It’s so easy for me to take an uncharitable view of the last 21 years and zoom in on the goals I haven’t met.
A sort of obsessing that can be genuinely damaging.
If I do it long enough, I feel like George Bailey, surveying Potterville, with the full horror of it beginning to dawn on me:
(That’s actually a pretty good depiction of how I felt at AWP in Chicago, last spring, and Unmetgoalville was pretty much why, although I also get awfully used to my little town and don’t necessarily function well in towns larger than 17,000 or so, at least not without some self-coaching. Pitiful, really, given that 17,000 is how big Mt. Vernon is, where I went to high school–if you’d told 17-year-old Marnie that 47-year-old Marnie would have a hard time feeling comfortable in Chicago, the teenager would’ve laughed, since she regularly drove in the Windy City whilst visiting her brother.)
And here I am, coming across the teaching job that doesn’t even seem to recognize me.
“But I’m a full professor,” I yell, chasing the poor ad hoc position into the bar where she faints.
“My life’s not like that,” I says to myself. “Really it’s not,” I assure myself on a cold, rainy, November afternoon. “I’m not Muncie Jones.”
Whereas, of course, I am in some ways. Indiana Jones’s sister Muncie wasn’t intentionally a play on Virginia Woolf’s Judith (Shakespeare’s sis), but that had to be lurking in my mind somewhere.
However. Now that I’ve seen Shakespeare’s Will, I can’t think of any woman in Shakespeare’s life without thinking of Tracy Michelle Arnold.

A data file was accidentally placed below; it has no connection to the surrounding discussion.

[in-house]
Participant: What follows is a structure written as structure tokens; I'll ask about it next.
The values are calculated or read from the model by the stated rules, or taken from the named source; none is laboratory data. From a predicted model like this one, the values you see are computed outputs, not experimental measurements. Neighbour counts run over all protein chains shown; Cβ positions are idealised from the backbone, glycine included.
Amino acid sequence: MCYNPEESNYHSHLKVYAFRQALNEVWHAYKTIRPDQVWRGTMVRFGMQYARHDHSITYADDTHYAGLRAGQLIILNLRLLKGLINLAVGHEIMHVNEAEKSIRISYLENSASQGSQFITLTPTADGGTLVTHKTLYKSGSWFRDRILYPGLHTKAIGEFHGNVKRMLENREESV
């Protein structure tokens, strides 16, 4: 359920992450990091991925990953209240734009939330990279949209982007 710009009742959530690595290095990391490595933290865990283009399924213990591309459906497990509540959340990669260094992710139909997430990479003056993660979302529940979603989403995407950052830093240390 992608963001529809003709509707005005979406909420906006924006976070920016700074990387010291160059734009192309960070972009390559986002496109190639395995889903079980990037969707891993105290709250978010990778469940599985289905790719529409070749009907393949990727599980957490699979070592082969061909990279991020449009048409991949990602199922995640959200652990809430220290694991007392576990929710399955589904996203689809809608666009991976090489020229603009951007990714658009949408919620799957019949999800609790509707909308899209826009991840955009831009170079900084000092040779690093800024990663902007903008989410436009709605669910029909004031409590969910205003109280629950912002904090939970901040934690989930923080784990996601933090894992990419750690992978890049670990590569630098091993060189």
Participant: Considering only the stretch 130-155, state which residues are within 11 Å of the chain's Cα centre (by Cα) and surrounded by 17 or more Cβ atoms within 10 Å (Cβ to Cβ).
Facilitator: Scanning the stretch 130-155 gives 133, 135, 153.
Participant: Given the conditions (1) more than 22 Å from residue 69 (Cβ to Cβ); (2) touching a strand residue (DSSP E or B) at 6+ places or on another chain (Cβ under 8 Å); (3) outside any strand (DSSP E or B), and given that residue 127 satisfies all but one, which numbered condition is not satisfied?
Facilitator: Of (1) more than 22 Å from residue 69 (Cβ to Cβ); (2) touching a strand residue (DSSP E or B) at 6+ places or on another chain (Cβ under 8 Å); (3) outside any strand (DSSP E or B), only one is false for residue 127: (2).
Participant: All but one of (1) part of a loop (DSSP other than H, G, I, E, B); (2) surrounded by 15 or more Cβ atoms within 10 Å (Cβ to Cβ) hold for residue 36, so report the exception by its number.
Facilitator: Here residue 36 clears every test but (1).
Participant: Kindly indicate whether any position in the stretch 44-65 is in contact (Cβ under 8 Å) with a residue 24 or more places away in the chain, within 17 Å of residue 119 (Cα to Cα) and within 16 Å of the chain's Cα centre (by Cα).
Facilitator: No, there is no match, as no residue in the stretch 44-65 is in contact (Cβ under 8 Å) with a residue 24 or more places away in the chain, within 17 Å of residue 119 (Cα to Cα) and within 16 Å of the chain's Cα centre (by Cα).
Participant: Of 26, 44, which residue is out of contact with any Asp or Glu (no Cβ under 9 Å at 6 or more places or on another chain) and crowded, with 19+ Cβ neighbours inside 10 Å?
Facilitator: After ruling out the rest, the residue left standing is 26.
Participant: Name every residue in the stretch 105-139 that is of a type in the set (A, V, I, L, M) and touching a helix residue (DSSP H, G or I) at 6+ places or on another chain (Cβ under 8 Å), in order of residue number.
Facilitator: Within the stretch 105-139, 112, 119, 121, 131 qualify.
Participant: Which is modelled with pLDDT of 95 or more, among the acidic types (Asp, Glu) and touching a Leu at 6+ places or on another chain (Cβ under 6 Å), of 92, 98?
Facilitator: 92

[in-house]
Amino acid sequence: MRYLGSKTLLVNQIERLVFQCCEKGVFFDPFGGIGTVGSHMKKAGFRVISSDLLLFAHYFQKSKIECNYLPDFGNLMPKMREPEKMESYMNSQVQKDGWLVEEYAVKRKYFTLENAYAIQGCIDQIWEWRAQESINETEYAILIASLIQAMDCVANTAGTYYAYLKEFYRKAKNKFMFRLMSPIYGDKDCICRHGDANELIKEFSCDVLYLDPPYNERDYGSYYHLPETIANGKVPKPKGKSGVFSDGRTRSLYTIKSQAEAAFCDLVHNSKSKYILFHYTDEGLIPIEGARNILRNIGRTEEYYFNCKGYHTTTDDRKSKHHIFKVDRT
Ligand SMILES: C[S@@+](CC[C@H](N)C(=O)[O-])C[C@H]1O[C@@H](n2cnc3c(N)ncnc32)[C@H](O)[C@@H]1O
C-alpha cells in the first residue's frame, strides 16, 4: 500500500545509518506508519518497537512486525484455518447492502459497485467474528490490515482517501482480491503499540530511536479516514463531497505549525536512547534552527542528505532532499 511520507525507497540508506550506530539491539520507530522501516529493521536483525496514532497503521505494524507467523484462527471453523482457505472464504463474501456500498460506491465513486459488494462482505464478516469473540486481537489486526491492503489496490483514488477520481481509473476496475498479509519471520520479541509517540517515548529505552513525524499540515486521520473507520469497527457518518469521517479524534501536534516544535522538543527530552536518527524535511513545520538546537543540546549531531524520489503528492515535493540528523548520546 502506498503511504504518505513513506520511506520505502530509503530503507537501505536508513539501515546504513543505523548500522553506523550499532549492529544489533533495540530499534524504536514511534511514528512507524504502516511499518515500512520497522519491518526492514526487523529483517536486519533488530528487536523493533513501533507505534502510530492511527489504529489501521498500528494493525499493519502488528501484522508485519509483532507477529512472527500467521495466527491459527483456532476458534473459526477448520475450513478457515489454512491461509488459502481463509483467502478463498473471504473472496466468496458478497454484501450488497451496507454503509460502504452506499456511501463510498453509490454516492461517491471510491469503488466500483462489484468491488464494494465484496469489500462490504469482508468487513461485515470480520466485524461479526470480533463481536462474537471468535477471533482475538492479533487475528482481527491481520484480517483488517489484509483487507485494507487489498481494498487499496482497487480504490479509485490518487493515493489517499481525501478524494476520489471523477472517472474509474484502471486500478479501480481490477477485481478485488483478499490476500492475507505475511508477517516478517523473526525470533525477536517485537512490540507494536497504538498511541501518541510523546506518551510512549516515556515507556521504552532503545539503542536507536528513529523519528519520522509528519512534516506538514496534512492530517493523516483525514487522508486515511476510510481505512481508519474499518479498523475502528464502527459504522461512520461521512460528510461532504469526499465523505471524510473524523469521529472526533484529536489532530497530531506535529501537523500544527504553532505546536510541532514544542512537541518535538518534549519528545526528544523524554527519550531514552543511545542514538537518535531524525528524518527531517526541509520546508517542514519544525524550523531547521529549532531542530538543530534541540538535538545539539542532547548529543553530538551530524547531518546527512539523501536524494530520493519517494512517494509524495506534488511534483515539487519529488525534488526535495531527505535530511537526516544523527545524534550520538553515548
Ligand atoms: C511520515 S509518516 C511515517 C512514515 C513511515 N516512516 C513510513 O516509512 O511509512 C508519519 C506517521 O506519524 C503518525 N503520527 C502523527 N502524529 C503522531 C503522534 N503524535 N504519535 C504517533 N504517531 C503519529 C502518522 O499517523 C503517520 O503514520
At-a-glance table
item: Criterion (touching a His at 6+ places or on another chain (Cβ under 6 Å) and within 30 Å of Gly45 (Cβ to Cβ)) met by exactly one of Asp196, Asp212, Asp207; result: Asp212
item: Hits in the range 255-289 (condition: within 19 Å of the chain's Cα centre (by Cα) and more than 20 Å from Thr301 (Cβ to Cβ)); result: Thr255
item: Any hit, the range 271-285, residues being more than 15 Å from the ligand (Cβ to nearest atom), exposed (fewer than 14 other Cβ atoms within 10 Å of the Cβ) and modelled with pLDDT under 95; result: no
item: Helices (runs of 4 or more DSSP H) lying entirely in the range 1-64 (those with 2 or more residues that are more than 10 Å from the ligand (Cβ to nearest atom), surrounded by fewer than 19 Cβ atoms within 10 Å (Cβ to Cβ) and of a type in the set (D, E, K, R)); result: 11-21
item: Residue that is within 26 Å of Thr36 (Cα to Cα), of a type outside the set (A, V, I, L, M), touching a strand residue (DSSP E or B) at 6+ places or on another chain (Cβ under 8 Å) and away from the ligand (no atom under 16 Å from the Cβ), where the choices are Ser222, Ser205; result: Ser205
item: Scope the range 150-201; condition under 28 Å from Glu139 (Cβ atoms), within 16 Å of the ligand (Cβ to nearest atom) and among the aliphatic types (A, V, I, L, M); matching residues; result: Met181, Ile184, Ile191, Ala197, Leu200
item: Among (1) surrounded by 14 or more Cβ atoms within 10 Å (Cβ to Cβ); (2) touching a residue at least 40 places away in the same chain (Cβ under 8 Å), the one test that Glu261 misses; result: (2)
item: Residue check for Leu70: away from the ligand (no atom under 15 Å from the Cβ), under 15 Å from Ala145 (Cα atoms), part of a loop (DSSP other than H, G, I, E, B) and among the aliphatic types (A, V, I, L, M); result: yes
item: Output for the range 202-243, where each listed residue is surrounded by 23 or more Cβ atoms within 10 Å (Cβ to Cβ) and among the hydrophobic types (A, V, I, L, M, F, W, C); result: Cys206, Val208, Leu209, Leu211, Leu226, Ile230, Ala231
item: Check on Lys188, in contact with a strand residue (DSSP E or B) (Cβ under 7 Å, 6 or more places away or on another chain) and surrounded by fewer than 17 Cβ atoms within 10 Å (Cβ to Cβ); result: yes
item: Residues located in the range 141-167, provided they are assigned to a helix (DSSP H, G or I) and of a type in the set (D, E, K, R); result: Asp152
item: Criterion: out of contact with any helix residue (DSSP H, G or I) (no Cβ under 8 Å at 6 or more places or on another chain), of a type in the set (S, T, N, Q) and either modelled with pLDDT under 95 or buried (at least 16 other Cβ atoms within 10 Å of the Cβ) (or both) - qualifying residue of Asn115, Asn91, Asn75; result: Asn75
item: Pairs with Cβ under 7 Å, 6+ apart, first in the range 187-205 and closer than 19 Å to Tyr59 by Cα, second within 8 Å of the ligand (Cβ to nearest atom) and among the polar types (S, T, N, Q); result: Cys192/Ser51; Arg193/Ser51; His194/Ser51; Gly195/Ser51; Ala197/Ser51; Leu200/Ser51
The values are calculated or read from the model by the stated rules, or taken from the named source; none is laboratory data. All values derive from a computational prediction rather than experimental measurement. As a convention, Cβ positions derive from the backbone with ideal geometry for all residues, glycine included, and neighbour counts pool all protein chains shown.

Which is where things take a turn for the better. Tracy portrayed Anne Hathaway with a phenomenal range of vulnerability and fierceness. (Now that I’m reading Brene Brown’s Daring Greatly, everything has something to do with vulnerability.)
There is fierceness in this family of women–the Jones family, the Shakespeare family, my own family.
A lot of my life, that fierceness has come out in less-than-productive ways. It may be why I liked playing with fire.
In my middle age, I am finally, finally learning to channel that fierceness into focus and grit.
One of my role models is Jenny Shank, who first caught my eye in Poets & Writers (Jan/Feb 2011), when she wrote about being a “Ham-and-Egger,” a phrase she got from Don DeLillo, which she defines in this way:
“I love that phrase, ham-and-egger. It’s how I think of myself as a writer. I’m not going to dazzle anybody with lyricism or structural ingenuity. But I put my head down and work and sometimes a story comes of it. I ham-and-egg my way through. It took me a long time to figure out that not every writer has to be brilliant.”
She also writes about sobbing during a Fellini movie because it reminded her “of my childhood dream of becoming a writer, one that I haven’t shaken for three decades, a dream that I almost gave up on a number of times, even though I still continued to write.”
And if the subject matter itself weren’t inspiring enough, she referred back to Fellini and said “Okay, so I’m not an orphaned Italian hooker in a ratty fur. But inside, aren’t we all orphaned Italian hookers in ratty furs?”
I know I am.
And I sobbed and sobbed later that spring in 2011, two different times (I don’t sob much, so I remember them). One time was taking a detour on my way to work, to go sit in the gorgeous St. Luke’s in Plain, Wisconsin and pray–this was in the midst of Wisconsin’s Arabesque Spring, when we were protesting in the snow. I felt as though the job I’d worked so hard at for 20 years was just being spit on and ground into the mud by the heel of a governor’s anti-union, anti-education Act 10.